KEIR RADNEDGE REPORTS: Ahmad Ahmad, the president of the African football confederation, is to appeal against a five-year ban from football imposed last week by the ethics committee of world governing body FIFA.

The 60-year-old from Madagascar had previously announced his intention for stand for re-election to CAF’s top job at a special congress in Rabat, Morocco, next March.Ahmad’s lawyers, in a statement, announced his decision to raise a complaint at the Court of Arbitration for Sport against the verdict imposed for corruption. He has always denied the charges.

The first step for Ahmad is to wait to study the written judgment and then appeal to FIFA. Only then can he go to CAS. However Ahmad is considering asking CAS for a ruling suspending his ban pending the completion of his rights of appeal – which could go all the way to the Swiss Federal Court.

Ahmad, who has been out of action after testing positive for Covid-19, ousted Cameroon’s long-serving Issa Hayatou as CAF president in 2017.

He stood for the presidency initially on a platform promising administrative reform, financial transparency and a potential competitions reorganisation.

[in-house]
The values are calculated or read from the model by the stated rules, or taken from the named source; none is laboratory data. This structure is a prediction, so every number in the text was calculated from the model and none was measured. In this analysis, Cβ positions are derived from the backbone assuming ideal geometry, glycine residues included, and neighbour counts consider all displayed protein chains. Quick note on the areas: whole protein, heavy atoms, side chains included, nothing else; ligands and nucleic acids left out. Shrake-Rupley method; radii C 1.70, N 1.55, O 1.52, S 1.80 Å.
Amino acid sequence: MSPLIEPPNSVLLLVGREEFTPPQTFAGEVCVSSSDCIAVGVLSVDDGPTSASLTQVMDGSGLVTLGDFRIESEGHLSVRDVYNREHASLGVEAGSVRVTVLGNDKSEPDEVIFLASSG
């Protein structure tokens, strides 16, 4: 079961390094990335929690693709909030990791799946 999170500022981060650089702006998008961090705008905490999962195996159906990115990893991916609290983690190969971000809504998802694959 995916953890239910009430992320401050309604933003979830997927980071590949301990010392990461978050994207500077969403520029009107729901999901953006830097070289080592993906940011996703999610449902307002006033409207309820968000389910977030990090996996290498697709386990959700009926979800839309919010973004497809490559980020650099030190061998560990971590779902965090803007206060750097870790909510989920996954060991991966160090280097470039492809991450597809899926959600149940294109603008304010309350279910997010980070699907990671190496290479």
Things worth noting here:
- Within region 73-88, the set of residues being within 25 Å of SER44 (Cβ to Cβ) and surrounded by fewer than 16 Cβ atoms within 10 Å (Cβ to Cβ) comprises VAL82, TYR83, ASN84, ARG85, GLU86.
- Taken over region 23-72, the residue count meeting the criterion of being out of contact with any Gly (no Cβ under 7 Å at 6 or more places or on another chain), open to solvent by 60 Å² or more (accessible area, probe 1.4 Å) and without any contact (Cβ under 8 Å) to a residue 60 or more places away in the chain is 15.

Internal report

However all of this was soon relegated to the shadows by a damning report about the realities submitted to FIFA in spring 2019 by Amr Fahmy, then the CAF secretary-general.

Fahmy claimed he had been ordered by Ahmad to pay $20,000 in bribes into accounts of African FA presidents and that CAF had incurred $830,000 in costs by axing an equipment contract with Puma in favour of a little-known French intermediary named Tactical Steel.

He had also used CAF funds to pay for a pilgrimage to Mecca for several members of the executive committee.

On top of all this Ahmad was accused of harassing four female members of the CAF staff, amending statutes to increase Moroccan representation within the organisation and over-spending more than $400,000 of CAF money on cars in Egypt and Madagascar, where he had set up a local office for himself.


The following June, also in 2019, Ahmad, one of FIFA’s seven vice-presidents, was detained for 12 hours for questioning by French police while in Paris attending FIFA Congress. No charges were brought.

Two weeks later FIFA sent its Senegalese secretary-general Fatma Samoura to effectively take over the running of Ahmad’s dysfunctonal CAF for six months.

Four other contenders have registered their intention to stand for election to the CAF presidency: Jacques Anouma (Ivory Coast), Patrice Motsepe (South Africa), Augustin Senghor (Senegal) and Ahmed Yahya (Mauritania).